German shipyards face insolvency
29 August 2012
The P + S Shipyards in Mecklenburg-Western Pomerania, which employ some 2,000 workers, are expected to declare bankruptcy at the end of August.
The shipyards include Volkswerft in Stralsund, with 1,150 workers, and the Peene Shipyard in Wolgast, with some 600 employees. They are among the largest employers in the economically underdeveloped region. If they close down, an additional 3,000 workers in the supply industry, including contract and service workers, will also lose their jobs.
The reason for the impending insolvency is funding problems rather than a lack of orders. The Mecklenburg-Western Pomerania state government, a coalition of the Social Democratic Party (SPD) and the Christian Democratic Union (CDU), cut off funding to the shipyard group after it emerged that the agreed credit limit was insufficient to finance current orders.
The order books of the shipyards include ship-building commissions worth more than 1 billion euros. Both shipyards are booked to full capacity until mid-2013, but they are unable to guarantee agreed delivery dates for new vessels due to recent changes in the construction of container ships and ongoing funding difficulties.
No new ship has been launched at Stralsund since April 2011. Two ferries for Scandlines should have been delivered several months ago, but no final date has been set. Also on the yard order books are two special military transport ships for the Danish company DFDS and five specialised freighters for the Greenland company RAL.
In June, the state and federal governments pledged loans to P + S Shipyards totalling 152 million euros to cover the period before delivery of ships under construction. Of this sum, 70 million euros have thus far been paid out. Release of the remaining 82 million euros was stopped by the state government when the new manager of the yards, Rüdiger Fuchs, concluded that the loans promised were insufficient to prevent insolvency. According to the state premier, Erwin Sellering, it is not possible to increase the European Union-approved guarantees.
On August 21, the company executive informed the workforce of the threat of insolvency and possible loss of their jobs. In attendance at the meeting were Premier Sellering (SPD) and Economics Minister Harry Glawe (CDU), as well as German Chancellor Angela Merkel, whose home constituency is Stralsund. Merkel told the assembled workers that no further grants could be expected from either the federal or state government. “We helped the shipyard,” she said. “The state has done what it could.”
A bankruptcy petition was originally expected last Wednesday. CEO Fuchs initially sought to obtain financial aid from the yard's current clients. He had previously made a name for himself by restructuring Airbus following the company's problems with its Superjumbo A380 model.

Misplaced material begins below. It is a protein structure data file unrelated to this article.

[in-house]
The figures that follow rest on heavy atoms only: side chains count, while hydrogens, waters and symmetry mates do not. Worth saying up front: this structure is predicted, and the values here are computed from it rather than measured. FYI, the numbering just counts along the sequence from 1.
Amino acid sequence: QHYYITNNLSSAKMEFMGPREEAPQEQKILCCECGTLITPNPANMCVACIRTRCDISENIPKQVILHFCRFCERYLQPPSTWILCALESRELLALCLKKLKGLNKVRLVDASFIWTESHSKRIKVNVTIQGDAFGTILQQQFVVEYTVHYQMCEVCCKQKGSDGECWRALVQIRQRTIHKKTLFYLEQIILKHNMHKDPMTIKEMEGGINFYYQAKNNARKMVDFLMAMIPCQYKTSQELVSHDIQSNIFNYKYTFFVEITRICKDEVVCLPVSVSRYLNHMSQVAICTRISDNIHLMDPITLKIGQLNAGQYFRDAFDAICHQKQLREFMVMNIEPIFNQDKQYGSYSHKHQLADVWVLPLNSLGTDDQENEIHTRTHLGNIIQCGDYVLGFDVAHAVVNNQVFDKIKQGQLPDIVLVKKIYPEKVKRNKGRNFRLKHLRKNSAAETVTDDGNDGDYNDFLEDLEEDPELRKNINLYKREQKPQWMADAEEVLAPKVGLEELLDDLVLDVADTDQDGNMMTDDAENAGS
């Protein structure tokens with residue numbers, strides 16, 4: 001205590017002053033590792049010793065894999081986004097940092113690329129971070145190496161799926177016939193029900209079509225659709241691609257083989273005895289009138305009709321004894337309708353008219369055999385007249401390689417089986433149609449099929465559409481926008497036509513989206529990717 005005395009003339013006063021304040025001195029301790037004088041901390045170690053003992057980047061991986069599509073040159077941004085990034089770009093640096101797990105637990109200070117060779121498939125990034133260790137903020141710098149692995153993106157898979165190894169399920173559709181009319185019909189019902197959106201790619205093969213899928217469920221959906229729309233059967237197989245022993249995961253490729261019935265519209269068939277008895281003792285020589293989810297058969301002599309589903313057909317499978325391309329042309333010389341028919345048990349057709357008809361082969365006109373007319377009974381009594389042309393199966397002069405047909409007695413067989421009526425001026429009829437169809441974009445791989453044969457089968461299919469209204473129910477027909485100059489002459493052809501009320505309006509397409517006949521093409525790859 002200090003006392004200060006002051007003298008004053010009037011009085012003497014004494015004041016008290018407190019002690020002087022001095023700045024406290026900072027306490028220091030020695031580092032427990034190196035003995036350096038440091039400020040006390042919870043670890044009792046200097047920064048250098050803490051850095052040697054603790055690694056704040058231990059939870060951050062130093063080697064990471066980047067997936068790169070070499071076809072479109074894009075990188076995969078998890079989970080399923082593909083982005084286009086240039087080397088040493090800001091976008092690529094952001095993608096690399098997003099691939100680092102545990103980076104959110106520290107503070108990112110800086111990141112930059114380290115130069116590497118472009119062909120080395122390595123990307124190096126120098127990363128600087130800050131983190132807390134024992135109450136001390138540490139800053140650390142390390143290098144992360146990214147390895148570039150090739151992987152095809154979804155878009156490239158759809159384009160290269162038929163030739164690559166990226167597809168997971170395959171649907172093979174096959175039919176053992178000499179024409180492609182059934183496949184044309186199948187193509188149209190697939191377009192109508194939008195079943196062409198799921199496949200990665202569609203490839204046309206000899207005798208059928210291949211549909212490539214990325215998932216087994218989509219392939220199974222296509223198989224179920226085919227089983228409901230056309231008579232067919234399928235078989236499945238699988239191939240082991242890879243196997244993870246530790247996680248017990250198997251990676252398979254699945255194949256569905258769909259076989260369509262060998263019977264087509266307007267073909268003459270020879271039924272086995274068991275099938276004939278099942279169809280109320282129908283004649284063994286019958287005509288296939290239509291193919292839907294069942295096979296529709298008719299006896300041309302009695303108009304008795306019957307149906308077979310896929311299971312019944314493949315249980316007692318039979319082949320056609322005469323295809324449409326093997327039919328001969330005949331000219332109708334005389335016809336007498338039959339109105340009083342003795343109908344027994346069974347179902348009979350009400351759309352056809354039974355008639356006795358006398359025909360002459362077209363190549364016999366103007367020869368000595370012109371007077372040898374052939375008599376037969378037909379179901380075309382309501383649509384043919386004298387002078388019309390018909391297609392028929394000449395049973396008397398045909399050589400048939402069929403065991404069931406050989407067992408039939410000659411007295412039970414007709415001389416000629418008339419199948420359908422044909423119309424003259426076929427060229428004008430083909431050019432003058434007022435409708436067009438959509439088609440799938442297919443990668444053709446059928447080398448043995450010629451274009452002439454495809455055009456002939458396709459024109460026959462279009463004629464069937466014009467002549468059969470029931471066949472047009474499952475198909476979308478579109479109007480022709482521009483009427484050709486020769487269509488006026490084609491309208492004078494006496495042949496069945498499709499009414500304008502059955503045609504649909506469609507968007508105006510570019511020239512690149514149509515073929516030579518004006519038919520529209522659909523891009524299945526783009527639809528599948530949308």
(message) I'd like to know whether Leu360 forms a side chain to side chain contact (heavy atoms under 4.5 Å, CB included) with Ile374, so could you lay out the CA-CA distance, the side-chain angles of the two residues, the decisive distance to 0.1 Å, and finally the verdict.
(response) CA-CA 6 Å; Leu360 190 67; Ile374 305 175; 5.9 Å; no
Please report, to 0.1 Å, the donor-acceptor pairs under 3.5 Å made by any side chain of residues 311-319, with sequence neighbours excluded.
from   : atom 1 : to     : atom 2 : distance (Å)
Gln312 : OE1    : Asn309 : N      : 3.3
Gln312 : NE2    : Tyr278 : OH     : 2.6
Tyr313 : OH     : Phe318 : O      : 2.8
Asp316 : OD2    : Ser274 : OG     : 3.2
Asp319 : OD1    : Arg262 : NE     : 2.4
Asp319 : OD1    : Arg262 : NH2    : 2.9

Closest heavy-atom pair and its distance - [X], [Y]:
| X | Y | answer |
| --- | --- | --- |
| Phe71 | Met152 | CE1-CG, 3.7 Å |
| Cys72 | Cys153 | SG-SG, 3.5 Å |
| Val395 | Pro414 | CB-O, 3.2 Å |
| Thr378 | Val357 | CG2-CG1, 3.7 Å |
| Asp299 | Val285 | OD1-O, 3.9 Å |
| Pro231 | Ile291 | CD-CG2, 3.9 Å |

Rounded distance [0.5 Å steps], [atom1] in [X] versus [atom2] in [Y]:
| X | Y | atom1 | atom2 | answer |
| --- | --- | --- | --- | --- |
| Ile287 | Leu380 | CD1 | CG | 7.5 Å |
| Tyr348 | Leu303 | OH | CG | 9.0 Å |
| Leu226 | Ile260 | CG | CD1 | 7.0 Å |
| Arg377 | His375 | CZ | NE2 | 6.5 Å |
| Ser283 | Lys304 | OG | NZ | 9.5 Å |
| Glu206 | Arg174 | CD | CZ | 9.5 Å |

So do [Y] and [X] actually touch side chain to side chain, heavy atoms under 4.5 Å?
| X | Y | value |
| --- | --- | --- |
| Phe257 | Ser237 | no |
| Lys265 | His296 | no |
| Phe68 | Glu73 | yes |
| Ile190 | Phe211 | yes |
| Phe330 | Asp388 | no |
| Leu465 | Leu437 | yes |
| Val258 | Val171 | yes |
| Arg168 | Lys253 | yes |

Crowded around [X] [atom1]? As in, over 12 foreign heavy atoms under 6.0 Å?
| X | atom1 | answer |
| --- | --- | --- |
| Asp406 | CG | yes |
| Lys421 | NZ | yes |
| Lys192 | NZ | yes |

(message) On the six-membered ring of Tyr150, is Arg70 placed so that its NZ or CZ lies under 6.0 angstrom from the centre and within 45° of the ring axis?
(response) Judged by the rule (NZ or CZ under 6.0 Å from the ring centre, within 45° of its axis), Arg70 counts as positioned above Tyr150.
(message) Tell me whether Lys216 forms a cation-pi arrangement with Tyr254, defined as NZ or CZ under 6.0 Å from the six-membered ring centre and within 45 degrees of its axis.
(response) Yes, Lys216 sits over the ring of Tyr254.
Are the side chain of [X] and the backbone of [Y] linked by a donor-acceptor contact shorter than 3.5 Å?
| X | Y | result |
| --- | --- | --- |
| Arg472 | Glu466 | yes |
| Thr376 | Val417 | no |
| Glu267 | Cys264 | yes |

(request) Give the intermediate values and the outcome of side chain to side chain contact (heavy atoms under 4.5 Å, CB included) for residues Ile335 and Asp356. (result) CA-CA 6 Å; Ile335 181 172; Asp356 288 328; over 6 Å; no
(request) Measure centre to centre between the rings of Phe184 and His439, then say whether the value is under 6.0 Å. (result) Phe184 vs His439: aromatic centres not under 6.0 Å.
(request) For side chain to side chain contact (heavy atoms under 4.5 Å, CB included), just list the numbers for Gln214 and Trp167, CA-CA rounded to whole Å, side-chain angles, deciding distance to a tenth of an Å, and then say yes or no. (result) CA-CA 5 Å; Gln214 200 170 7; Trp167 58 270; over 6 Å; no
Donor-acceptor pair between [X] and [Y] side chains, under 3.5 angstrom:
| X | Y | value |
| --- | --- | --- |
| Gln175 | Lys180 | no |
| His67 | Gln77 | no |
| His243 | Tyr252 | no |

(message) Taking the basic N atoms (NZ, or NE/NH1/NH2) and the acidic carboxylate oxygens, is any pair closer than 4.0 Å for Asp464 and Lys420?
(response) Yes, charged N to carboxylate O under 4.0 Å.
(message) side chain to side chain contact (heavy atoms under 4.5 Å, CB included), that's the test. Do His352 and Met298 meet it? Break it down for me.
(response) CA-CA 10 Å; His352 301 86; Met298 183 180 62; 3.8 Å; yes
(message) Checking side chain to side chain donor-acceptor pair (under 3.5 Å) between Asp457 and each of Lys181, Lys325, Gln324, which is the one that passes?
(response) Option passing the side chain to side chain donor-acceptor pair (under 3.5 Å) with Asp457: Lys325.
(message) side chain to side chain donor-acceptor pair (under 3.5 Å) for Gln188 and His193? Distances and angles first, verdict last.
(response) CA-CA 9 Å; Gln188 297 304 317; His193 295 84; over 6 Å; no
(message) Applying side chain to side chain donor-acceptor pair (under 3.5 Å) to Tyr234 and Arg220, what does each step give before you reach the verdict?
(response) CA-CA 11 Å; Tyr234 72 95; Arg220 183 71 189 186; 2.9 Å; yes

Should it come to bankruptcy, Fuchs plans to sell the Peene Shipyard in Wolgast to an investor. The company was ready for such a move, Fuchs declared, but he added that the shipyard in Stralsund needed a considerable overhaul to function as a specialist shipbuilder.
The workers face a new round of wage cuts and job cuts under insolvency proceedings. Workers had already accepted major cuts in wages plus concessions regarding working conditions in recent years. Their trade union, IG Metall, argued that such sacrifices were necessary to save jobs. Now they are likely to lose their jobs anyway.
The P + S Shipyards were founded in June 2010 following a merger between Volkswerf Stralsund and Wolgast Peene Werft. The latter previously belonged to the Hegemann shipyard group. According to the company CEO at the time, Dieter Brammerts, IG Metall played a “constructive” role in the “reconstruction and consolidation, despite inevitable job losses.”
In June this year, shipyard workers were asked to contribute towards a “rescue fee” of 68 million euros in return for state and federal guarantees. Following a demand from Premier Sellering that the shipyard workers contribute between 50 and 80 million euros, local IG Metall representative Guido Fröschke offered to sacrifice workers’ holiday and Christmas bonuses for a period of three years, plus payment for 120-150 hours overtime per worker.
Now IG Metall and the works council are once again lining up behind management. Fröschke has placed all his hopes on the ability of the bankruptcy administrator to find new investors for the two shipyards and has offered the support of the union. “The administrator must create a viable concept to allow the concern to continue,” he said in an August 21 IG Metall press release.
Shipyards in Mecklenburg-West Pomerania have been in decline for the past 20 years. In the former East Germany, up to 52,000 worked in the shipbuilding industry on the Baltic coast. The East German shipyards were considered to be very modern. In West Germany at that time shipyards were forced to close during periods of bad weather, but in the East the production facilities were protected from the weather.
The reintroduction of capitalism in the East inaugurated a period of economic decline for the industry and the entire region. The former East Germany lost its Eastern European export markets. A number of shipyards were sold to dubious businessmen, and today just 4,000 jobs are left in shipbuilding in the former East Germany. Now these jobs are threatened.
While the German government has funded the banks to the tune of hundreds of billions of euros, it declares there is no money for the shipyards. The looming bankruptcy of the P + S Shipyards is being used to destroy more jobs and extort further concessions from workers.